Back in January, the edict came down in Tehran that Danish pastries (shirini danmarki) should henceforth be called "roses of Mohammad" (gul-e-muhammadi). At the time, this seemed to be a specific reaction to the Danish cartoon controversy; but it seems that the Farhangestan -- Iran's equivalent of the Academie Française -- has a much longer hit list, including pizza (now to become "elastic loaf") and helicopter (now to be "rotating wing"), and Mahmoud Ahmadinejad has decreed that the changes should be mandatory for official documents, schoolbooks and newspapers. The Reuters article observes that "[t]he words created by the Farhangestan as replacements to European loan words often sound cumbersome or comic to Iranians". None of the English-language news articles so far give the recommended Persian (or if you prefer, Farsi) circumlocutions.
My favorite example of this genre is the attempt some years ago, by one of the Francophone language-policing bodies, to replace "bulldozer" with "tracteur à lame horizontale" (= "horizontal-bladed tractor"). This was so completely unsuccessful that the proposed replacement now has a Google count of zero.
[Hat tip: Gwynn Dujardin.]
[Update -- Abnu at Wordlab pointed me to a paper by Ebrahim Monajemi, "Can ethnic and minority languages survive in the context of global development?", which gives some further details about the Farhangestan organization:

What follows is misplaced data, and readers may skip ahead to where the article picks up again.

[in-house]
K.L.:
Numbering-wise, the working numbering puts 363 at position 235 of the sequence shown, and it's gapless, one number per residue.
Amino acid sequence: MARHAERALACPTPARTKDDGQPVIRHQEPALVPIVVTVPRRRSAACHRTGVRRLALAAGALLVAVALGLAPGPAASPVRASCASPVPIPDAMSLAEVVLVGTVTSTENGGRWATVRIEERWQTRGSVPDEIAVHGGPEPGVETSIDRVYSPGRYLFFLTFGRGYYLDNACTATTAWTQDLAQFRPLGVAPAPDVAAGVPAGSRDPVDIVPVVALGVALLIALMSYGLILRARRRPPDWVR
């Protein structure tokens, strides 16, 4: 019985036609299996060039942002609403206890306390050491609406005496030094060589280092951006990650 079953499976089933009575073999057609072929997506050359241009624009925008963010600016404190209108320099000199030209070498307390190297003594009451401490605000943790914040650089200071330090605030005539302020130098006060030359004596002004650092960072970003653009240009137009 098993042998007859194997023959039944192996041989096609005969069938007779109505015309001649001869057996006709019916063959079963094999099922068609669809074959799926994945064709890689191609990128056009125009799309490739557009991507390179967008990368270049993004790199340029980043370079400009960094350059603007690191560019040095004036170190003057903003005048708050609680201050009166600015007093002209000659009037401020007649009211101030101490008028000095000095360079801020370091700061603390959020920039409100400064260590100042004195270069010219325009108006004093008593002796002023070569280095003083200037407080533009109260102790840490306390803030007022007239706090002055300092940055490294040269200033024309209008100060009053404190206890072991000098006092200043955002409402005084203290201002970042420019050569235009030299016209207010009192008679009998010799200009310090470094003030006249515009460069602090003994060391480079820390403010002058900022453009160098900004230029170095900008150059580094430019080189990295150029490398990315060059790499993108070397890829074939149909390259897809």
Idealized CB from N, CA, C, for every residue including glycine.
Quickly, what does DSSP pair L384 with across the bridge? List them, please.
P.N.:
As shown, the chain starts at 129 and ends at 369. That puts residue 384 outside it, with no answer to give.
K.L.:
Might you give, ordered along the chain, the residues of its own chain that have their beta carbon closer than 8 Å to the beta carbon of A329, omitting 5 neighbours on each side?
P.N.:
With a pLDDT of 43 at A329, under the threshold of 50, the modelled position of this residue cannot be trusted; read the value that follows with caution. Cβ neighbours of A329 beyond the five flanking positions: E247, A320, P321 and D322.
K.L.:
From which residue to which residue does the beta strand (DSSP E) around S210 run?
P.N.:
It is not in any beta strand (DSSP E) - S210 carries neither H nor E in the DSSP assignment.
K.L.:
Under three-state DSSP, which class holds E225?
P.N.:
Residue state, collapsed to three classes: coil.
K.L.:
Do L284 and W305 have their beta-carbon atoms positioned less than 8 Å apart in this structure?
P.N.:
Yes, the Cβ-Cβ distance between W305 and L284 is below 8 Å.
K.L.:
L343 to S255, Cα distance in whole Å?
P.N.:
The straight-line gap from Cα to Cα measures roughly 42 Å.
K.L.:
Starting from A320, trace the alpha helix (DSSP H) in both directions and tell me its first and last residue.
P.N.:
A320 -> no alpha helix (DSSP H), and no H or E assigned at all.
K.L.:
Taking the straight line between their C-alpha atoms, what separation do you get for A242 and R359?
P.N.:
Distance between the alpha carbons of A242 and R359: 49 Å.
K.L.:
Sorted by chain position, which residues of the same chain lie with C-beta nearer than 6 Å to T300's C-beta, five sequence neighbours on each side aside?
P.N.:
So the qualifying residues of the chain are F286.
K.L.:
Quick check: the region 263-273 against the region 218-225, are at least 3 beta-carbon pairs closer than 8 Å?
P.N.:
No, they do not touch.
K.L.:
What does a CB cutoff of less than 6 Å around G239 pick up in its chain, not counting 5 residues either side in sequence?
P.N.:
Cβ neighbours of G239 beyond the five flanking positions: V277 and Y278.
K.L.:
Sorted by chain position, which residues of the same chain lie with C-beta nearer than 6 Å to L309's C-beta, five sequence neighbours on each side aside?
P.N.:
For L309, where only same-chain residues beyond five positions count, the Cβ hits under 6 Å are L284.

One of the academic cultural centers which tries to keep the Persian language free of alien words is the Academic Center of Persian language and literature or the department of Farhangestan-e-Zaban Va Adab Farsi. This organization has the duty to coin or adapt new words for the non-Persian ones. It consists of 25 Persian language experts and professors who are the final decision-makers. There are several specialized sub-departments such as Engineering, Medicine, Agriculture, Transportation, Military, Economic, and so on, that cooperate with the Center.
Farhangestan-e-Zaban VA Adab Farsi is responsible for coining the new Persian words against New Latin ones using by people or may be used in future. This organization follows the below procedures to coin or adapt appropriate words for the Latin ones. Its main policy is as follows (Farhangestan-e- Zaban-2001):
1. In coining and choosing a new word, Persian phonetic rules and learned speakers’ way of talking and Islamic points of views should be regarded as criterion.
2. Phonetic rules should be obeyed according the Persian way of talking.
3. New words that are found or created should follow the Persian grammatical rules for coining nouns, adjectives, verbs and so on.
4. New words should be chosen or coined out of the most common or frequent words that have been used since 250 AD.
5. New words can be chosen from among the most frequent and common Arabic words, as they are used in Persian.
6. New words can be chosen out of the middle and Old Persian languages
7. There should be only one equivalent in Persian for any of the Latin ones, particularly for technical words.
8. It is not so much necessary to adapt or create new Persian words for those Latin words which have been used internationally and globally.
It's not clear to me why "pizza" wouldn't count as one of "those Latin words which have been used internationally and globally".Posted by Mark Liberman at July 29, 2006 02:14 PM